AFRICA IS A COUNTRY

Sometime last year, I attended an exhibition opening entitled “Dreams Close To Home” at the Two by Two Art Studio in Newtown, Johannesburg. It was the culmination of a self-initiated project by the artists Lisolomzi Pikoli (Fuzzy Slipperz, illustrator), Skhumbuzo Vabaza (Skubalisto, illustrator), and Karabo Mooki (Mooki Mooks, photographer) which saw them go across parts of South Africa in search of the perfect wall to paint, and swiftly proceeding to do so everytime they stumbled upon one.

The trip begun with Mooki Mooks’ and Fuzzy Slipperz’ train trip down to Cape Town where they connected with Skhubalisto. Thenceforth, they travelled by vehicle through the vast, lush winelands and beaches of the Southern Coast. They hit up spots in Jeffreys Bay, Port Elizabeth, and the former Transkei (all in the Eastern Cape Province); Mooki Mooks’ trusty camera captured the adventures. The three had their final stop in Johannesburg where they held their well-received exhibition.

Below is a conversation I had with all three on the day about being an artist in present-day South Africa. But first this short video interview and scenes from the opening night:

During the interview, transcribed below, the artists also touched on what it means to paint at home in South Africa as opposed to other countries they’ve visited.

As working young artists in South Africa, how do you survive?

Skubalisto: It’s tough skin and a positive mental attitude and drive. Sink or swim, you can never stop no matter what. At the end of the day, we feel more like [pioneers] because there’s not much of an industry. There are people who’ve done it before, but we’re trying to carry that torch and build that fire. It’s a tough industry, but it’s a beautiful industry and it’s fun!

Fuzzy Slipperz: Also, I think it’s important for artists to do projects independently, off of their own steam. RVCA helped us out in this whole thing, but me and Skhumbuzo had been thinking about it for a while. I think that’s quite important because everybody wants to make it into a certain gallery or be associated with certain brands. [I'd rather be known for] self-initiated projects that then get recognised. But it’s tough, [but] there’s no tough with us. This trip was, let’s just say the budget was tight, but we made it work!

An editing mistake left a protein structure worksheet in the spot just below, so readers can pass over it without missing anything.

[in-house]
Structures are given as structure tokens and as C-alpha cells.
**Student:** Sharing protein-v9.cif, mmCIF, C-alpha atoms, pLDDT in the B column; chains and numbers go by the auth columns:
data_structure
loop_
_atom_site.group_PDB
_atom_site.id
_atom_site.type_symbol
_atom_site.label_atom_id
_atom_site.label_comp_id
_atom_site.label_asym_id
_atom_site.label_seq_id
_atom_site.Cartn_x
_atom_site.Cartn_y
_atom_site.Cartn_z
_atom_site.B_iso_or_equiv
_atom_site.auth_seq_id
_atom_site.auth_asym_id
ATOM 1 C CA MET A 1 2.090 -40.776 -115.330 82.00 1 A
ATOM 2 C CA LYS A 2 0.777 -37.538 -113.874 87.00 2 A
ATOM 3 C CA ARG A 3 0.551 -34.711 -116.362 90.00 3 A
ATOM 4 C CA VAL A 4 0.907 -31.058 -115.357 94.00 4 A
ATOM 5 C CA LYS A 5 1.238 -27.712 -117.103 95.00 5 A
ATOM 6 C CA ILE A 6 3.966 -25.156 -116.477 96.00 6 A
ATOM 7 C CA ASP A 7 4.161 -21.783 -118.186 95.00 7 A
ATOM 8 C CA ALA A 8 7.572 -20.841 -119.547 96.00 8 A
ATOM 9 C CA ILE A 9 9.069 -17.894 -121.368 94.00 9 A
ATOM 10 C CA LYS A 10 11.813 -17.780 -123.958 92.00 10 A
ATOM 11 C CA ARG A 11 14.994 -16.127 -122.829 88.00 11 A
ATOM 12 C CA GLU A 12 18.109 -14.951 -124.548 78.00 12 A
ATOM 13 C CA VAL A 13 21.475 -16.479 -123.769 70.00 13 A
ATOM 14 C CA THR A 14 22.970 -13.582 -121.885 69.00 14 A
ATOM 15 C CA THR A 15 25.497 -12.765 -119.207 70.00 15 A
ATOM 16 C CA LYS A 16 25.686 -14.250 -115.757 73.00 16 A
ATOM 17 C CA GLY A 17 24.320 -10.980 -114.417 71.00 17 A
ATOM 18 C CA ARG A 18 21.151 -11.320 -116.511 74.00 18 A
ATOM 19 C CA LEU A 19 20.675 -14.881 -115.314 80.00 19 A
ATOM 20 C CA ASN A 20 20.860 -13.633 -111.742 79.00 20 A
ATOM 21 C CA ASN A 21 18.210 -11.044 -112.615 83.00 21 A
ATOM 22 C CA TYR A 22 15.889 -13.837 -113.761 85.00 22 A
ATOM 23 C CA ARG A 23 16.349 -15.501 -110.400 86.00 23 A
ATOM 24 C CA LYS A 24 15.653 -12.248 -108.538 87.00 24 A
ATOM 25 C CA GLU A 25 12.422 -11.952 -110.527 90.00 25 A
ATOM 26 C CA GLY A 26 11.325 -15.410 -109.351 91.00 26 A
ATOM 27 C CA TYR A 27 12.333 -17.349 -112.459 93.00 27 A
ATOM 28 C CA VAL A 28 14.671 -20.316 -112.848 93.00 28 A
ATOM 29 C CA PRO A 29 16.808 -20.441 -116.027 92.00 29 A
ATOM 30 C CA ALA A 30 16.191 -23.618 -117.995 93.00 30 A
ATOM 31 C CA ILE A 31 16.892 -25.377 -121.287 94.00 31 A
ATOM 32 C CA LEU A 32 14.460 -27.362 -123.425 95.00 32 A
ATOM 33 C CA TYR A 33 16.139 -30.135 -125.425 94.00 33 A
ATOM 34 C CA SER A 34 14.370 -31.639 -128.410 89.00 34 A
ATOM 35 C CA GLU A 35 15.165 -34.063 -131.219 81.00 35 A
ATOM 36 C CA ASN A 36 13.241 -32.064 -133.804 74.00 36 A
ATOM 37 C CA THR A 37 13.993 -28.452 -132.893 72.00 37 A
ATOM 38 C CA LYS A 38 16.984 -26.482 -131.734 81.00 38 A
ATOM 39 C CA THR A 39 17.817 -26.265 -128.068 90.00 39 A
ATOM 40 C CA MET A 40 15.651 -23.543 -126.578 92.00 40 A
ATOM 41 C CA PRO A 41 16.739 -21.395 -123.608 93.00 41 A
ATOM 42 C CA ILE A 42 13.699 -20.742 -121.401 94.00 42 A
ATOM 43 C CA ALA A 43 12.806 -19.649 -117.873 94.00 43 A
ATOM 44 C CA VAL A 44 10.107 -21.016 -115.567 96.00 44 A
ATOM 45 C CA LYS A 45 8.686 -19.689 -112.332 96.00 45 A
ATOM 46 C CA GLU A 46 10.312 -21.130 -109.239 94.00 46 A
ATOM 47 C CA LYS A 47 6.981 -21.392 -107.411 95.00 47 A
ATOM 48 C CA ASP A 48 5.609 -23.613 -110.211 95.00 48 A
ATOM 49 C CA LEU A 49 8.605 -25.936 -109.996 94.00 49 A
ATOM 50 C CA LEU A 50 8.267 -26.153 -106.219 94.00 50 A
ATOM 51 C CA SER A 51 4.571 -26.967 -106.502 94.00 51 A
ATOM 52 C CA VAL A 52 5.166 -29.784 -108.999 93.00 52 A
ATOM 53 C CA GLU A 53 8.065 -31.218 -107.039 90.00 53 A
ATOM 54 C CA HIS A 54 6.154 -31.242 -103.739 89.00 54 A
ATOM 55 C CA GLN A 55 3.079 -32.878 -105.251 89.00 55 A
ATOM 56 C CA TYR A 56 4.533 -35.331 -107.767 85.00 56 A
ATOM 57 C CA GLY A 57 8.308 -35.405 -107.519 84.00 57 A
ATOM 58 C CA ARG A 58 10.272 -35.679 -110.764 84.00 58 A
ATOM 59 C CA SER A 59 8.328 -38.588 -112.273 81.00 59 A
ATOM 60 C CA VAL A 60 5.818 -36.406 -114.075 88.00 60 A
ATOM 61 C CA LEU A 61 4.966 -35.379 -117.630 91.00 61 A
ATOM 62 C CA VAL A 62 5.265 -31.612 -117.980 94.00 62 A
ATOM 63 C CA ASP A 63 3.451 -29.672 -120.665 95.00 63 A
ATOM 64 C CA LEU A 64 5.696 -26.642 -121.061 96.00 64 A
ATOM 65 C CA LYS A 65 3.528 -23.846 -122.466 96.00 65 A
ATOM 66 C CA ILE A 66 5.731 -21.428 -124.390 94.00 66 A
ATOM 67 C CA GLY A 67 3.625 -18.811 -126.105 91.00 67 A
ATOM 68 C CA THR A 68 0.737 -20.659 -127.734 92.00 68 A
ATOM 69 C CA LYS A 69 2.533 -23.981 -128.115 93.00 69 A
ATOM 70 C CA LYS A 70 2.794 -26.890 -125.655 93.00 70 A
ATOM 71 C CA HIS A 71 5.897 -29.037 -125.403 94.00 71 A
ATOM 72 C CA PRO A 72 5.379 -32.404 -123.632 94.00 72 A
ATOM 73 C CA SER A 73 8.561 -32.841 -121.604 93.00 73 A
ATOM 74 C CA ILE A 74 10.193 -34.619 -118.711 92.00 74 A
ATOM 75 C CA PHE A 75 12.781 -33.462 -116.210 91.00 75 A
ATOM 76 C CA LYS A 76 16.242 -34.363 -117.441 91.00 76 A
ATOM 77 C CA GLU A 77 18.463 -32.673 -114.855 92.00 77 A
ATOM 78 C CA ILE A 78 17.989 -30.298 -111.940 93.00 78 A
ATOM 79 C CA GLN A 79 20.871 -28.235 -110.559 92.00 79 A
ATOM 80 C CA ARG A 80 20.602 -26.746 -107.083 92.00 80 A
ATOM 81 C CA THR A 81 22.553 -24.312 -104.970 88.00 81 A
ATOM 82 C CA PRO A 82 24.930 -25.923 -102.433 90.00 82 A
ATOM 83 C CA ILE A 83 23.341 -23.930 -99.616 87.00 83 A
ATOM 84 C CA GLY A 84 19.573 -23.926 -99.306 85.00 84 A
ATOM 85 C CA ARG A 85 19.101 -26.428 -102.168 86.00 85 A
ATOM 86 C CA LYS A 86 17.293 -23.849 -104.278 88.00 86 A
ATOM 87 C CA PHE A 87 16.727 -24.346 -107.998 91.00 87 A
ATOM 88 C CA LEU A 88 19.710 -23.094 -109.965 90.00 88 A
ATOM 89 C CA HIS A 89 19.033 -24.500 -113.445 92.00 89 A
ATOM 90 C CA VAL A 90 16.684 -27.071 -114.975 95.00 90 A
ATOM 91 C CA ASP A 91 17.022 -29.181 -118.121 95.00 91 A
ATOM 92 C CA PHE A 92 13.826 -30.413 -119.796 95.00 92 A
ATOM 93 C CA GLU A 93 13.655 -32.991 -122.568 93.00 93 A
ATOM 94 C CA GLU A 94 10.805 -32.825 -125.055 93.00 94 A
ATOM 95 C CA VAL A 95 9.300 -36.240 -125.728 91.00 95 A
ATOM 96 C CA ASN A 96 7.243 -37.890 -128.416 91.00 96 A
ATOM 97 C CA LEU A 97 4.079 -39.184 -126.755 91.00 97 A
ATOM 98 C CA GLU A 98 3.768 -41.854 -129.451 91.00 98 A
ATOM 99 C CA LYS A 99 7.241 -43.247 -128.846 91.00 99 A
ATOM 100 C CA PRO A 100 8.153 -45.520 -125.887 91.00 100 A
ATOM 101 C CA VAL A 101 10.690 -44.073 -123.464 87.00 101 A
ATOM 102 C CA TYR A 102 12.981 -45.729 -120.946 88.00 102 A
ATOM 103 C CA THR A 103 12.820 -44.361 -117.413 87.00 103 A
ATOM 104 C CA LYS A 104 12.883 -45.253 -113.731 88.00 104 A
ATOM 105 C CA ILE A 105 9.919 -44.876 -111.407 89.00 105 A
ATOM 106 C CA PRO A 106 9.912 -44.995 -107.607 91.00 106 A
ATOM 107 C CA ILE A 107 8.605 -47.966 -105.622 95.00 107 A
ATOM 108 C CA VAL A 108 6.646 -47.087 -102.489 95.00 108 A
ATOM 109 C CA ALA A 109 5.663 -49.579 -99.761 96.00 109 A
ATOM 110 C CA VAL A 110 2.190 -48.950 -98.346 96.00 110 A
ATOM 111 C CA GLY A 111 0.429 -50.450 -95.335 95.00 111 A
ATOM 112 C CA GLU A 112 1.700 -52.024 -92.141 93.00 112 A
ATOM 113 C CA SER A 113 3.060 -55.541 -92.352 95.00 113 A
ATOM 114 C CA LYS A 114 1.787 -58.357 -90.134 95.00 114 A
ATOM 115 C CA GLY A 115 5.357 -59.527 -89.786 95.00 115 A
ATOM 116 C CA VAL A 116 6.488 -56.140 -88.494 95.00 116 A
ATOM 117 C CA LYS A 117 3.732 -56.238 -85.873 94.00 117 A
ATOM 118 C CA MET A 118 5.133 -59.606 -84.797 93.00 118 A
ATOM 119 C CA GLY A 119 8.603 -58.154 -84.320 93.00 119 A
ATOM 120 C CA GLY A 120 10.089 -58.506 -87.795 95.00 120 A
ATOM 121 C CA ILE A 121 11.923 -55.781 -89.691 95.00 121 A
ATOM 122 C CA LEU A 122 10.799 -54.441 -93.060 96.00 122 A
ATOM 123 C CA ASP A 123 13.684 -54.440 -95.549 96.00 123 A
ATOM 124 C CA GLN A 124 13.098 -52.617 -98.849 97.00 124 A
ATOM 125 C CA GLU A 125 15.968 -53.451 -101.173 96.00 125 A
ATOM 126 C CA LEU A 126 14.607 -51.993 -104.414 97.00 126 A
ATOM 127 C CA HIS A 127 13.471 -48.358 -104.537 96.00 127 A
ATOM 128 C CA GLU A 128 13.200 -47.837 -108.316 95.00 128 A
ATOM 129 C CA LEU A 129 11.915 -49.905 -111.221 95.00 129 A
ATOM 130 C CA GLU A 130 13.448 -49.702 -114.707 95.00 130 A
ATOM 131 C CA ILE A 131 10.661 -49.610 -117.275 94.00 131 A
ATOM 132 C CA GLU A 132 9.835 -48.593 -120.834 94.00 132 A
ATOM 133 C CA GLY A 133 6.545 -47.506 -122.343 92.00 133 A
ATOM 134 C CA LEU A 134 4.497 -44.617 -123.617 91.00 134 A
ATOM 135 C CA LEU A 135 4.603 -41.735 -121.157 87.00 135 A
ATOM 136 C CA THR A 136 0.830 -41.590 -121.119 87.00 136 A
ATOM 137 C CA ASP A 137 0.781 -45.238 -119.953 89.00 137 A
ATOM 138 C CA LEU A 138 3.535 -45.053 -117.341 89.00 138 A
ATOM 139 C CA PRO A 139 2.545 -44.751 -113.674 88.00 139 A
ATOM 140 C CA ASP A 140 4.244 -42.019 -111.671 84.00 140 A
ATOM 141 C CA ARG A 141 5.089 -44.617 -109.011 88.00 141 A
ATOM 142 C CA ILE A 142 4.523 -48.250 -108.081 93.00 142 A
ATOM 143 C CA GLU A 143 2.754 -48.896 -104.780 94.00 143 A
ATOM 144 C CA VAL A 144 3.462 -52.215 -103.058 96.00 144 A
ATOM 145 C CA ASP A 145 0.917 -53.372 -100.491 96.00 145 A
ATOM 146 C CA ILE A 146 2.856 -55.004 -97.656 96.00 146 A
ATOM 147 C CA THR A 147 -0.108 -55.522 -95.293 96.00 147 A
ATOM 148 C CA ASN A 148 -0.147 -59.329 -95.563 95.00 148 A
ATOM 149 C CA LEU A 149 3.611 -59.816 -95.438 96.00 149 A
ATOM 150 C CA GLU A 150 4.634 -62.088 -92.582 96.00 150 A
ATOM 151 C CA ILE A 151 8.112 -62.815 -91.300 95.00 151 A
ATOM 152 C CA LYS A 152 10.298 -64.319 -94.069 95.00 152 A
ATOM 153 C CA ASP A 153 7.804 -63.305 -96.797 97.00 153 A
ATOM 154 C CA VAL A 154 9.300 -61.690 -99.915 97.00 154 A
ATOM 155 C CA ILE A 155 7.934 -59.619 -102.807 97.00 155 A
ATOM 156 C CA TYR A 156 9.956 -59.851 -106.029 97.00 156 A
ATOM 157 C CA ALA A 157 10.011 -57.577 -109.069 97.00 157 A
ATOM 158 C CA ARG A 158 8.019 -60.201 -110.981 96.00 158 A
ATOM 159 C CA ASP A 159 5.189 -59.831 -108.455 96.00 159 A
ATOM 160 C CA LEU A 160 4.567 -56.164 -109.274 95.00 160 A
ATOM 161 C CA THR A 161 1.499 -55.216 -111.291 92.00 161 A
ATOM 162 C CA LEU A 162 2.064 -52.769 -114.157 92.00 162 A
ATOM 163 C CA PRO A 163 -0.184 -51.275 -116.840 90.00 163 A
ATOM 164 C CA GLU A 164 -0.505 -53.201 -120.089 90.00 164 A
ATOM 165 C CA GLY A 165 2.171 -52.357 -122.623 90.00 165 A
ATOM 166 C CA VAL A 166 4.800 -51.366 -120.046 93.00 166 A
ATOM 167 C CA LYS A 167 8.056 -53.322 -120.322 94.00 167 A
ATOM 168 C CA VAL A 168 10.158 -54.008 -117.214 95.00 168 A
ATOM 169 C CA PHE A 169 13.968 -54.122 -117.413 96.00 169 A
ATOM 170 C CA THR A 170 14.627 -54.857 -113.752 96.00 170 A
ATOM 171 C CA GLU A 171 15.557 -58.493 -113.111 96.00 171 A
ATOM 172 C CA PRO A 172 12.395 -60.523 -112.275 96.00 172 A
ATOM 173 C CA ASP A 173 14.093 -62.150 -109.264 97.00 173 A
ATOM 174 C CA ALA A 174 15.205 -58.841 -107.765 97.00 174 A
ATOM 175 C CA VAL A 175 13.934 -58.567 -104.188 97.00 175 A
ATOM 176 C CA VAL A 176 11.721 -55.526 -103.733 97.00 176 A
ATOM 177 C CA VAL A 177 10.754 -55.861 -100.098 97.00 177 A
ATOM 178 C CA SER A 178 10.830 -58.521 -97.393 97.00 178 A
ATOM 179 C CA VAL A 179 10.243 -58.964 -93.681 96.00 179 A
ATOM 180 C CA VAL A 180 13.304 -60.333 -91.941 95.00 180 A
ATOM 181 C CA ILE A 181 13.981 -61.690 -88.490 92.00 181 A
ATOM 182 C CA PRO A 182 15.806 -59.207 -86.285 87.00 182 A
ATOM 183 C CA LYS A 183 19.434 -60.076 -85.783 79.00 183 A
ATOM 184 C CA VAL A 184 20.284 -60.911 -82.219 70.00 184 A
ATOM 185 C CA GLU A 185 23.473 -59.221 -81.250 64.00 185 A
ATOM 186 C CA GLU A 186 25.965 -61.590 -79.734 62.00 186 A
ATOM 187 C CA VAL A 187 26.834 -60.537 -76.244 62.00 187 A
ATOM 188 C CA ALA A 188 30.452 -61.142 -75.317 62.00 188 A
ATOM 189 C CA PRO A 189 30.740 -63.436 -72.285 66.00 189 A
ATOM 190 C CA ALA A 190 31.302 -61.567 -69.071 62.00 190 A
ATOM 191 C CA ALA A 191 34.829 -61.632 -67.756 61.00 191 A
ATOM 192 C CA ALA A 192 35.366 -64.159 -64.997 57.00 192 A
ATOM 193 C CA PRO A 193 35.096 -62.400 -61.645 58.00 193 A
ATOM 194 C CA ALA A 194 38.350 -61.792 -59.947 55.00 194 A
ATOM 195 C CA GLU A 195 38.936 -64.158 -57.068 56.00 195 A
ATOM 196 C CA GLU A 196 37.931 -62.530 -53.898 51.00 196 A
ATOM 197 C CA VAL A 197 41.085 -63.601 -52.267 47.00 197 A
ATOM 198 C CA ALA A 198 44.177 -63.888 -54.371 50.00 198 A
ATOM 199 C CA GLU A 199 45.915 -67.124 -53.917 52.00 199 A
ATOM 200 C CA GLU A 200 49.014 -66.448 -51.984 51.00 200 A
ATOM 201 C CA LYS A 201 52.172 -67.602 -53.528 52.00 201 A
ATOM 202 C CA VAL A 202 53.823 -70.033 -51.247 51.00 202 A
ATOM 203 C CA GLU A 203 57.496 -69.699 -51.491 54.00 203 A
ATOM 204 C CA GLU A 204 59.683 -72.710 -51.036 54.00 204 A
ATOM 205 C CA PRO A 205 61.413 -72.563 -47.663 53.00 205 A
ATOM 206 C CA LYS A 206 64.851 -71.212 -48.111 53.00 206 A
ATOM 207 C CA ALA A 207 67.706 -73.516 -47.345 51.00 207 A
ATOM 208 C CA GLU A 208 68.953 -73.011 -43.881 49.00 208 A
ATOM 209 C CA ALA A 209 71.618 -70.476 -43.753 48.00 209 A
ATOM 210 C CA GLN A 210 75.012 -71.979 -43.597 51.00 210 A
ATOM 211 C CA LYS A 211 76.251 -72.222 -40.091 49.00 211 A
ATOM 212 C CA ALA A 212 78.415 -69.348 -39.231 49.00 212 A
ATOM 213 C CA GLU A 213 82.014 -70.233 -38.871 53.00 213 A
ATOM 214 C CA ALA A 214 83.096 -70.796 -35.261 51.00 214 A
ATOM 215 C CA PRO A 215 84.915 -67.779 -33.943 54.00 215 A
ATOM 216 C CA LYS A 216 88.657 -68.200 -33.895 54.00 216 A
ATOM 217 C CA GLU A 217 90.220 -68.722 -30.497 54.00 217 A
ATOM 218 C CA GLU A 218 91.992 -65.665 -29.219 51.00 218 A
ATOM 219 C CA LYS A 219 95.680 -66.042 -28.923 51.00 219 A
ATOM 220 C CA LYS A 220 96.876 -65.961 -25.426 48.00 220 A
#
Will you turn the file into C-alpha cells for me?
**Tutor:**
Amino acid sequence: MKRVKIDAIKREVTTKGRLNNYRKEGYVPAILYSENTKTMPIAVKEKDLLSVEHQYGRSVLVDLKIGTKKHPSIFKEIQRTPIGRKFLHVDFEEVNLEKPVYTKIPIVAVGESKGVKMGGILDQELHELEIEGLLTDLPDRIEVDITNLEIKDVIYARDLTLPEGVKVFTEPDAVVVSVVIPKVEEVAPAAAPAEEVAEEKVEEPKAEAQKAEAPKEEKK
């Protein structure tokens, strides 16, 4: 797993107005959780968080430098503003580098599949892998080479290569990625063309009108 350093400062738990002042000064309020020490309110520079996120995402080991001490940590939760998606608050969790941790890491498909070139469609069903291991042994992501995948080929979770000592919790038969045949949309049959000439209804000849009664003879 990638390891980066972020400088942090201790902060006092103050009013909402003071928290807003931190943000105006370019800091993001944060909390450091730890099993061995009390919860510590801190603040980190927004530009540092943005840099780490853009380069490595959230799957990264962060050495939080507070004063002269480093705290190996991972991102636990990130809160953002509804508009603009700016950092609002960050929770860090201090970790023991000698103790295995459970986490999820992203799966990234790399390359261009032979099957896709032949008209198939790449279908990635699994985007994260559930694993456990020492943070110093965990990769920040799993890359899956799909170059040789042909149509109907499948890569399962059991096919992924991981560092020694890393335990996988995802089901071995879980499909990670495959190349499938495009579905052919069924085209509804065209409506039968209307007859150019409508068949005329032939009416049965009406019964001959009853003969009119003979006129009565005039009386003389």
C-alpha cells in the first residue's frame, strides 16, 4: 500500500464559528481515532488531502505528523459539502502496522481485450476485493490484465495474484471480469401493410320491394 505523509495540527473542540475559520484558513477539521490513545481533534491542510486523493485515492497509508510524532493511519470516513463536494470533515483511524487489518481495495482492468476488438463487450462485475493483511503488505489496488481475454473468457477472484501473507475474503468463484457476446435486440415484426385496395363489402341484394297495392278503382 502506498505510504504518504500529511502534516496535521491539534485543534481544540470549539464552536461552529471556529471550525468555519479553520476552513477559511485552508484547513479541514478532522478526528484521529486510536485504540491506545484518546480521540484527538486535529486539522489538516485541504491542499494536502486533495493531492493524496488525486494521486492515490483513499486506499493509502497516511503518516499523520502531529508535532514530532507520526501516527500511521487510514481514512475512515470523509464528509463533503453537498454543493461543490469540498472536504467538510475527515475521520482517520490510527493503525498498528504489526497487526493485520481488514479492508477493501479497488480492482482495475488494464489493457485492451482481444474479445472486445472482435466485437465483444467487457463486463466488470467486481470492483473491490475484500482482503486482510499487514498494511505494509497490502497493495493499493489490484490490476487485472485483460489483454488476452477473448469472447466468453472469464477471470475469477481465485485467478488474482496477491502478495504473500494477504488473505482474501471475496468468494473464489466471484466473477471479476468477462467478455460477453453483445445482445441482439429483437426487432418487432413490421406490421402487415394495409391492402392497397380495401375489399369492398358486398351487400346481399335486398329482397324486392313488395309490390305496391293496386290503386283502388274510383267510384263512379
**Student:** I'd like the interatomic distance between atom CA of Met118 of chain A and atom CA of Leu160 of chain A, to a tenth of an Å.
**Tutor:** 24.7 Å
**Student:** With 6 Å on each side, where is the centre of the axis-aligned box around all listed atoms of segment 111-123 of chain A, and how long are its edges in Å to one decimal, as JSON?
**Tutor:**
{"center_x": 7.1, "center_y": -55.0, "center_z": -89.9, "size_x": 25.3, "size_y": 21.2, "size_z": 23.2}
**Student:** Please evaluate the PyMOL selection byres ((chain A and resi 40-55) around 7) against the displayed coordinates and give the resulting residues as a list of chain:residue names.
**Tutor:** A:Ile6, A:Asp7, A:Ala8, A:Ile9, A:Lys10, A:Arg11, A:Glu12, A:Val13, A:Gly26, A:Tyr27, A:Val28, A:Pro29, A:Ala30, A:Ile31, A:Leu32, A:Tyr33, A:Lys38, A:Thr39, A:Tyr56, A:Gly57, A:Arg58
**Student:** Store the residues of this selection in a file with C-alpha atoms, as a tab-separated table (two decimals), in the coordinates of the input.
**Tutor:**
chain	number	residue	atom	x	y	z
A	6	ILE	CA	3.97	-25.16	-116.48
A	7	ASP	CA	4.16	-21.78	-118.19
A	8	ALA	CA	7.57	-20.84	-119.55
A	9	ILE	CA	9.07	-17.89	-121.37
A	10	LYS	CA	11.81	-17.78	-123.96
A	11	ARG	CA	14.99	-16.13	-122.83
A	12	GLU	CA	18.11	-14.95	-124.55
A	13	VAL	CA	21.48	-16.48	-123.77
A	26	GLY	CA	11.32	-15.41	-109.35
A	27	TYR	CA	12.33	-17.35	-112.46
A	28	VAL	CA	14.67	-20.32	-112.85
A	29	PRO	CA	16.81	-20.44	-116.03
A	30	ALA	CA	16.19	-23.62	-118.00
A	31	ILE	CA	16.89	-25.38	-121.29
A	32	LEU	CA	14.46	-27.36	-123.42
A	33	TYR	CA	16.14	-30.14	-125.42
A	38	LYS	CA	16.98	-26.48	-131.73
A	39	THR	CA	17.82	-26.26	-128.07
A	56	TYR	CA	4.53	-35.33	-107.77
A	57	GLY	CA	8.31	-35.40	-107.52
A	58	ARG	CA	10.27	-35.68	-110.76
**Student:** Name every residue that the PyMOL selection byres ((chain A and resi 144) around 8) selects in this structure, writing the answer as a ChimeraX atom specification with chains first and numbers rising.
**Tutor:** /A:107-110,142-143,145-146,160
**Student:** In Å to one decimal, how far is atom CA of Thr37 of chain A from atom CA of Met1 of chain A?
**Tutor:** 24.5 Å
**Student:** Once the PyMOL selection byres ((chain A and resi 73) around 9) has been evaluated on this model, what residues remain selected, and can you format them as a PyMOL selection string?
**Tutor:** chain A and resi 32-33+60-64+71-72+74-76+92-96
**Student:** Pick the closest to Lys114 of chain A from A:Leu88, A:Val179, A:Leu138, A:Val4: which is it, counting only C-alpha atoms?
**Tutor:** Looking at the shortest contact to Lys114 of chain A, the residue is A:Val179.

Mooki Mooks: In actual fact, your art should speak [louder] than brands, and that’s what we tried to achieve. I’ve been documenting the trip; their art truly speaks louder. Without their art the brand’s nothing.

You’ve all spent some time travelling overseas. What were your experiences like?

Mooki Mooks: Norway was fantastic! I’m back to be back in the homelands though.

walls

Skubalisto: I was based in San Francisco for a while, and that was my school of thought. That’s where I started painting, and that’s where I was influenced. There are a lot more artists there; there are a lot more people who pursue art as a career and take it professionally, so there was a lot more competition. At the same time, it feels that now I’m back home, my work has completely flipped, as opposed to when I was painting in the US. That’s the beauty of being back home; it feels like my work has found its soul a little more.

Fuzzy Slipperz: I was in Berlin for three months, and I did my first overseas exhibition. For me as a person who’s into art in general, street art or contemporary, it’s the hub! Even though I had a small gallery, I was treated really well. It was good to see an art-driven society. And though that was beautiful and it was really fun, [I got to] see my dream come true and whatever…I don’t think as artists we should ever really be satisfied. There are a lot of things that worry me about [our] socio-political as African people, as South African people looking toward a future – all these things are always on my mind. And I think that’s, in a big way, why we called this Dreams Close To Home. We’ve been travelling and doing all this stuff, but we grew up over here, and that’s the only thing that makes our art speak originally in any way – it’s our natural influences from where we’re from. What you want to do is carry on growing and understanding your own landscape; it’s what informs your art; it flows out naturally that way.

And how was it painting throughout this trip?

Fuzzy Slipperz: Travelling through there Eastern Cape, I go there during December for Christmas and all that stuff. It was cool to go the with my friends and do whatever we want–Port Elizabeth, Transkei, wherever! We me cool people, and we also got humbled a lot of the time. We didn’t get a lot of the responses that we’re used to; people were really engaging [and] forthcoming, or they just didn’t give a shit!

Skubalisto: A lot of the people were beyond curious. Their curiosity led them to a point where we’d be painting in freezing, howling weather – the weather sucked in PE! There were people who got there from the time we were setting up, and left when we finished.

Fuzzy: The content was quite an important part to us. We wanted to relate on a South African level. For instance, in PE we drew portraits of our mothers, our interpretations of their energy or essence. That for us is how the concept hit home; we were extending ourselves.

* All images courtesy of Karabo Mooki. You can follow the artists’ work on-line. Mooki Mooks here; Fuzzy Slipperz here; and Skuba here.

Don't believe the media hype about striking mine workers in South Africa
How much has really changed on South Africa's wine farms?
The following two tabs change content below.

Ts'eliso Monaheng

A writer first and foremost. Interested in documenting people's lives and sparking a conversation using words. On Twitter: @Nemesisinc


Leave a Reply